Wed. May 22nd, 2019

Study: Exercise more, live longer

Exercise could help you live longer according to new research. (AFP Relax pic)

CLEVELAND: New US research has found that your physiological age, which is how well you respond to exercise, may be a better predictor of life expectancy than your chronological, actual age.

Carried out by researchers at the Cleveland Clinic, the new large-scale study looked at 126,356 patients with an average of 53.5 years who were referred to the clinic for their first exercise stress test, a common exam which diagnoses heart problems.

During the test patients walk on a treadmill, which gets more difficult throughout the exam, and have their exercise capacity, heart rate response to exercise, and heart rate recovery measured.

The researchers then developed a formula which calculates how well people respond to exercise – their “physiological age” – using this data, which they call the A-BEST (Age Based on Exercise Stress Testing). They also took into account gender and any medications that affect heart rate.

The findings, published in the European Journal of Preventive Cardiology, showed that after an average follow-up of 8.7 years, the A-BEST was a significantly better predictor of mortality than chronological age, even after taking into account sex, smoking, body mass index, statin use, diabetes, hypertension, coronary artery disease, and end-stage kidney disease.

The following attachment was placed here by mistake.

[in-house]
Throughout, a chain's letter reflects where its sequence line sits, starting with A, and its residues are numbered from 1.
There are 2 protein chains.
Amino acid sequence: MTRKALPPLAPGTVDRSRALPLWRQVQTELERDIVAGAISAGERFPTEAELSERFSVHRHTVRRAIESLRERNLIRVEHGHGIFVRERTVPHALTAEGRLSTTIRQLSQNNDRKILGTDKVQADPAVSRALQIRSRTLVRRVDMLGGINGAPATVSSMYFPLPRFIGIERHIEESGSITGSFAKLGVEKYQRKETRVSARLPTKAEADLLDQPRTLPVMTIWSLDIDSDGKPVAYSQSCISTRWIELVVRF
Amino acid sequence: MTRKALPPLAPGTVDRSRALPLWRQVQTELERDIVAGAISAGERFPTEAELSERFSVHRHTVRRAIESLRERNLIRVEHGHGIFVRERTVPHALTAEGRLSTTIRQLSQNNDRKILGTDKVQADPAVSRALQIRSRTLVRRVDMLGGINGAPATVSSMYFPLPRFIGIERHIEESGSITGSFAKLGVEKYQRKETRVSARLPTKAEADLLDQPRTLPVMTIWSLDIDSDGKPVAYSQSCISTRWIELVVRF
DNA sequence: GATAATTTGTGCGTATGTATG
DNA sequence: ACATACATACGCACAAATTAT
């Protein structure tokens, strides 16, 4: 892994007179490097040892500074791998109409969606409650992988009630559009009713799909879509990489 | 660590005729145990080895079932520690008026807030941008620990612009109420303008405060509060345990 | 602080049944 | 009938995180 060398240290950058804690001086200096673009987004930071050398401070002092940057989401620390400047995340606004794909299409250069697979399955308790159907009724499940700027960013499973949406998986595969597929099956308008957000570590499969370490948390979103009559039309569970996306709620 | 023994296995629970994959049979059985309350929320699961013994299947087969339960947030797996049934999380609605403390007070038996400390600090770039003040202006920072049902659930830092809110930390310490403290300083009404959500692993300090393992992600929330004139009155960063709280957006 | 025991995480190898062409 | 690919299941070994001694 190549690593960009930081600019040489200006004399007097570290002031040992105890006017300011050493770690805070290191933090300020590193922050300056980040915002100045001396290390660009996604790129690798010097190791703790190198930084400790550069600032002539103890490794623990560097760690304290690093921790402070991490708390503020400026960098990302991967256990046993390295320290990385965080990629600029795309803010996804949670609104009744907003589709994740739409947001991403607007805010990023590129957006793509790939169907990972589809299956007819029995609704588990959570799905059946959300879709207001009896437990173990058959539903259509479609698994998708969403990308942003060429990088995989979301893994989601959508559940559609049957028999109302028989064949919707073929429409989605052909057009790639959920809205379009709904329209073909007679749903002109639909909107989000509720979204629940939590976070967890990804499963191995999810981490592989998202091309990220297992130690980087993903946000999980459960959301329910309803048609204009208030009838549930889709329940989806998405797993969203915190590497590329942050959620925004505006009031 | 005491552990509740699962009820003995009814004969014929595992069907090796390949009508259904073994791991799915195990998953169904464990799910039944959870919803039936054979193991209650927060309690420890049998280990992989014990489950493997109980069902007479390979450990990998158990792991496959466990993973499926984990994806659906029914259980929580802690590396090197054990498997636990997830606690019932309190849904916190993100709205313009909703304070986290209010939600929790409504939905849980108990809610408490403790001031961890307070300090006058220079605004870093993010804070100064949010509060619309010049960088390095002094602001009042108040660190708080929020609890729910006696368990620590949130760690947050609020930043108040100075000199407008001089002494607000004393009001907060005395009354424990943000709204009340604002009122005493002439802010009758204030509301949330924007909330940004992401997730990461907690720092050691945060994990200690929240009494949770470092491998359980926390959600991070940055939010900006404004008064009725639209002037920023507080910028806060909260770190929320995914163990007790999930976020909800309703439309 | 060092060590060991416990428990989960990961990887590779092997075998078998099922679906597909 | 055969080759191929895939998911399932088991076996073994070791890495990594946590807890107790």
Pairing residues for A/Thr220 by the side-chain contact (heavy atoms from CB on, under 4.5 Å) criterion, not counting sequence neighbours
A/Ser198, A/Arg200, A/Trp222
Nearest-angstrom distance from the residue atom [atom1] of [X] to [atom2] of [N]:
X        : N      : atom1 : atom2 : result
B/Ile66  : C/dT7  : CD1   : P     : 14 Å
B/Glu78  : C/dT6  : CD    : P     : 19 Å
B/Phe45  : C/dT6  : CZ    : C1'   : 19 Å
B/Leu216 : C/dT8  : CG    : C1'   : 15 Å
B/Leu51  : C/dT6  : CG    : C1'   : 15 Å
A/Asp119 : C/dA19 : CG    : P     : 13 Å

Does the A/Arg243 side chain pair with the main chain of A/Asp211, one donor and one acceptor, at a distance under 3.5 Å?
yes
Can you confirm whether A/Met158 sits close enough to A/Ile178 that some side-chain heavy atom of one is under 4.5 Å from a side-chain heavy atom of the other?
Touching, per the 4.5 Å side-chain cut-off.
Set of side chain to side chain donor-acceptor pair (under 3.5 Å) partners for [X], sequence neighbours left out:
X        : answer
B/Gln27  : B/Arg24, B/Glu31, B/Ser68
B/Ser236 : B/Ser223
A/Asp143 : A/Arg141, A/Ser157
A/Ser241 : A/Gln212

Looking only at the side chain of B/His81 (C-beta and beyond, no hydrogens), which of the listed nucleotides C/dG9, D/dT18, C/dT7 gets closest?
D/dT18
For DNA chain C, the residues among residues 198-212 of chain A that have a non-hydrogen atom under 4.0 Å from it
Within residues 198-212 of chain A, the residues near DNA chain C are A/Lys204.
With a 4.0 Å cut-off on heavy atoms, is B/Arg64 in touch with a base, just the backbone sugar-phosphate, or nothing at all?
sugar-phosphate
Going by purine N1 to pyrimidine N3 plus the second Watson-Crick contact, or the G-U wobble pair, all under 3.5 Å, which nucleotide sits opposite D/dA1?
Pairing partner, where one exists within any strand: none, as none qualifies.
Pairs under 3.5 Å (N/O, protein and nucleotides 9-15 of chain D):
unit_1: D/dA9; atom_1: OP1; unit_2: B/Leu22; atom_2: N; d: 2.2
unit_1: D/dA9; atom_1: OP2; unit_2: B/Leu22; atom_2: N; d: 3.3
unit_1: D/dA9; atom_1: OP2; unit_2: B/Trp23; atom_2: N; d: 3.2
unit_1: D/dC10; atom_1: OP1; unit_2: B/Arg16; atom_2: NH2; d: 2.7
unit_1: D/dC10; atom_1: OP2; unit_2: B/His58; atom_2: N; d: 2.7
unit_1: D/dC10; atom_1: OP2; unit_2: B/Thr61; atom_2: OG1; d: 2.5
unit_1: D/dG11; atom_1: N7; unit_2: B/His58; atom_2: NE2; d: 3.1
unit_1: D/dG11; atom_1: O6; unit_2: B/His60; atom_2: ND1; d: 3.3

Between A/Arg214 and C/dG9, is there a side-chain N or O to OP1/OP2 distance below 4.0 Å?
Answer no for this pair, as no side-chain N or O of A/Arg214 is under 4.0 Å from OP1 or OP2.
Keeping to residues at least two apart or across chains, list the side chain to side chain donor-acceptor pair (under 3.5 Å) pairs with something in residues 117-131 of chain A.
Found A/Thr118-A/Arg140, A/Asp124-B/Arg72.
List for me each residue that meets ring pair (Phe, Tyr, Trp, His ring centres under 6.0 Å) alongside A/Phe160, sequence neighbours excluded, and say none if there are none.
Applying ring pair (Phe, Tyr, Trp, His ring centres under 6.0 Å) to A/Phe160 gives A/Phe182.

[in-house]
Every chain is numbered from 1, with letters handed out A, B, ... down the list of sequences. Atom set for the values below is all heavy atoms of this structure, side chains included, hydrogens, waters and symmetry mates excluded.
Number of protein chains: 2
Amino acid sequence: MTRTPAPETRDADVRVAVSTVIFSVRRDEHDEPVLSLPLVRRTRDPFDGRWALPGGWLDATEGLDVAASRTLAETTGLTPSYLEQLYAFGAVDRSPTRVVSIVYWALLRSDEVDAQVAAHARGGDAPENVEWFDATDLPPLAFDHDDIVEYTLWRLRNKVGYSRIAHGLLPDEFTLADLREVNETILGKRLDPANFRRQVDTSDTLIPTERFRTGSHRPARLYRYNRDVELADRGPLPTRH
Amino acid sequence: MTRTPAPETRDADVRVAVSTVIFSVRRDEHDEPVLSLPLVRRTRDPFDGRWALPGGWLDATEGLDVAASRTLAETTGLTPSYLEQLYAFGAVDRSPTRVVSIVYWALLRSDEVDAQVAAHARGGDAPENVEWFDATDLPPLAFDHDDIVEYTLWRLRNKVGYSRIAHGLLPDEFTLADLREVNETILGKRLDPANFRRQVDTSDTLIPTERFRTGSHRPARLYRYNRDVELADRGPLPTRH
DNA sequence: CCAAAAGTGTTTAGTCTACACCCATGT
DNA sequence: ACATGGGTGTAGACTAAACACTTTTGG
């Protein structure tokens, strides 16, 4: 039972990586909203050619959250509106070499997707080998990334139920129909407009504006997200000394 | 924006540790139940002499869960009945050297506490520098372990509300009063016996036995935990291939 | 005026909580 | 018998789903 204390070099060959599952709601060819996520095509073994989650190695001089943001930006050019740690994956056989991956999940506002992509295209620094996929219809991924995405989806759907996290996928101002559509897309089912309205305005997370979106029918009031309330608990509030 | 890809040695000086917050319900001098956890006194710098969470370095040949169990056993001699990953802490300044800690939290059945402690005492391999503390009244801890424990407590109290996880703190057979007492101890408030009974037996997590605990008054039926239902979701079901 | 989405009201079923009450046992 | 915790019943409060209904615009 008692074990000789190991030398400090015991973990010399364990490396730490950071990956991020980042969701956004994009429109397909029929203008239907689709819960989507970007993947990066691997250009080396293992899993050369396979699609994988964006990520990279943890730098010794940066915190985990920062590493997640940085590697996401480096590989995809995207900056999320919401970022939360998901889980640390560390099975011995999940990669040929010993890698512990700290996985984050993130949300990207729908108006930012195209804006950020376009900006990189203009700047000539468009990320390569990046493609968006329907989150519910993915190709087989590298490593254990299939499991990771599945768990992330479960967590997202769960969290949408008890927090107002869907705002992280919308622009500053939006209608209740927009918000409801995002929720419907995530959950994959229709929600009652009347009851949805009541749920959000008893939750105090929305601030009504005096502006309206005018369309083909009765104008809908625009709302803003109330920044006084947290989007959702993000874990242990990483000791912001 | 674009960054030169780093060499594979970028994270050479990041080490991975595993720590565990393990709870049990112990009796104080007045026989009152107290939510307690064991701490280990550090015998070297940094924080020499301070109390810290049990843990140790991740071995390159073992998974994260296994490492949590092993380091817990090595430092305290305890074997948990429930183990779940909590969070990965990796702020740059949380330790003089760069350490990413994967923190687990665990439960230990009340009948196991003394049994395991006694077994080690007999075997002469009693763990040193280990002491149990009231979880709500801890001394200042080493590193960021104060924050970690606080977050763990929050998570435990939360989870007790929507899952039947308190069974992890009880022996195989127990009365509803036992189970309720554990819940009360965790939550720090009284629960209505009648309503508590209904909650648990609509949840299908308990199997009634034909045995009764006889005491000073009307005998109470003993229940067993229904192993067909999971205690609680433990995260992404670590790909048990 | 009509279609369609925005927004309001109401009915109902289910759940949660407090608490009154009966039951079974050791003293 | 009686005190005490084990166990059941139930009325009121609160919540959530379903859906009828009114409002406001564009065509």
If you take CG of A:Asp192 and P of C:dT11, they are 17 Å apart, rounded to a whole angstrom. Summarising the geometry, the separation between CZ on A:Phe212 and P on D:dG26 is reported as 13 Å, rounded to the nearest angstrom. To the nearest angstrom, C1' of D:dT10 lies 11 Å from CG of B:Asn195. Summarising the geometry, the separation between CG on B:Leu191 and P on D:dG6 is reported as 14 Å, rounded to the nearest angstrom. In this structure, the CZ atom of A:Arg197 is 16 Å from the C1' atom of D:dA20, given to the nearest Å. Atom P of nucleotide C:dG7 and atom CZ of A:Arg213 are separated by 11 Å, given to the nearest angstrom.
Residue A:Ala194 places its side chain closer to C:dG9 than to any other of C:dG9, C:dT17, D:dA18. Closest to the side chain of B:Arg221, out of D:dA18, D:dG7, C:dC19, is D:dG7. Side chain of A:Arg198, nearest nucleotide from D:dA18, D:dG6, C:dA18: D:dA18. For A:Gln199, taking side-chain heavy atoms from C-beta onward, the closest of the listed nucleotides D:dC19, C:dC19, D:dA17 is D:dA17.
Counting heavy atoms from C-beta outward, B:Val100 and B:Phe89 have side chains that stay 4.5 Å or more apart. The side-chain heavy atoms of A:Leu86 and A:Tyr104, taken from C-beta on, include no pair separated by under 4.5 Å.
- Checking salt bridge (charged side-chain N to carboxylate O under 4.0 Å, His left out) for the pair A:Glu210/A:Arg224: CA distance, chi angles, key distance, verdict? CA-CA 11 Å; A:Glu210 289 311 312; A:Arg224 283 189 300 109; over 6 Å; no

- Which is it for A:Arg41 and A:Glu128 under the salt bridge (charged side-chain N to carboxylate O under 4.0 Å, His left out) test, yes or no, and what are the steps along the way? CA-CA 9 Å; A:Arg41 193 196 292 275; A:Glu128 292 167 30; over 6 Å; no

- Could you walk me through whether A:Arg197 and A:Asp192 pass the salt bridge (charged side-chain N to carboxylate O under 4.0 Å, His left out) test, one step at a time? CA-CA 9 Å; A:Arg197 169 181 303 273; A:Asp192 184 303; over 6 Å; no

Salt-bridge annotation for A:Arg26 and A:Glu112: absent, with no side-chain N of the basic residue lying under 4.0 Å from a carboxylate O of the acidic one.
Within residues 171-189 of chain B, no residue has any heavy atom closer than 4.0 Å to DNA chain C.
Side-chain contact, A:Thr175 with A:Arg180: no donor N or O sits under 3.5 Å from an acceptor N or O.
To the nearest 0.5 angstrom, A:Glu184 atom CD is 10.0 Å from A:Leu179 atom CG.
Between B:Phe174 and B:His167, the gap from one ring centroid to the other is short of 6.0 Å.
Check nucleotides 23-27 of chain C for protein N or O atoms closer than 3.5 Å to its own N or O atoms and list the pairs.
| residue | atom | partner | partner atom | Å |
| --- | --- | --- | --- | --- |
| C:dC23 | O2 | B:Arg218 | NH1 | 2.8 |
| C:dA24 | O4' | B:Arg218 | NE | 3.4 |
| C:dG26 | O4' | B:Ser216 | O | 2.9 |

“Age is one of the most reliable risk factors for death: the older you are, the greater your risk of dying,” said study author Dr Serge Harb. “But we found that physiological health is an even better predictor. If you want to live longer then exercise more. It should improve your health and your length of life.”

Dr Harb added that the A-BEST could also be used by doctors when giving patients the results of exercise testing, “Telling patients their estimated age based on exercise performance is a powerful estimate of longevity and easier to understand than providing results for the individual components of the examination.”

“Knowing your physiological age is good motivation to increase your exercise performance, which could translate into improved survival,” he continued. “Telling a 45-year-old that their physiological age is 55 should be a wake-up call that they are losing years of life by being unfit. On the other hand, a 65-year-old with an A-BEST of 50 is likely to live longer than their peers.”

 

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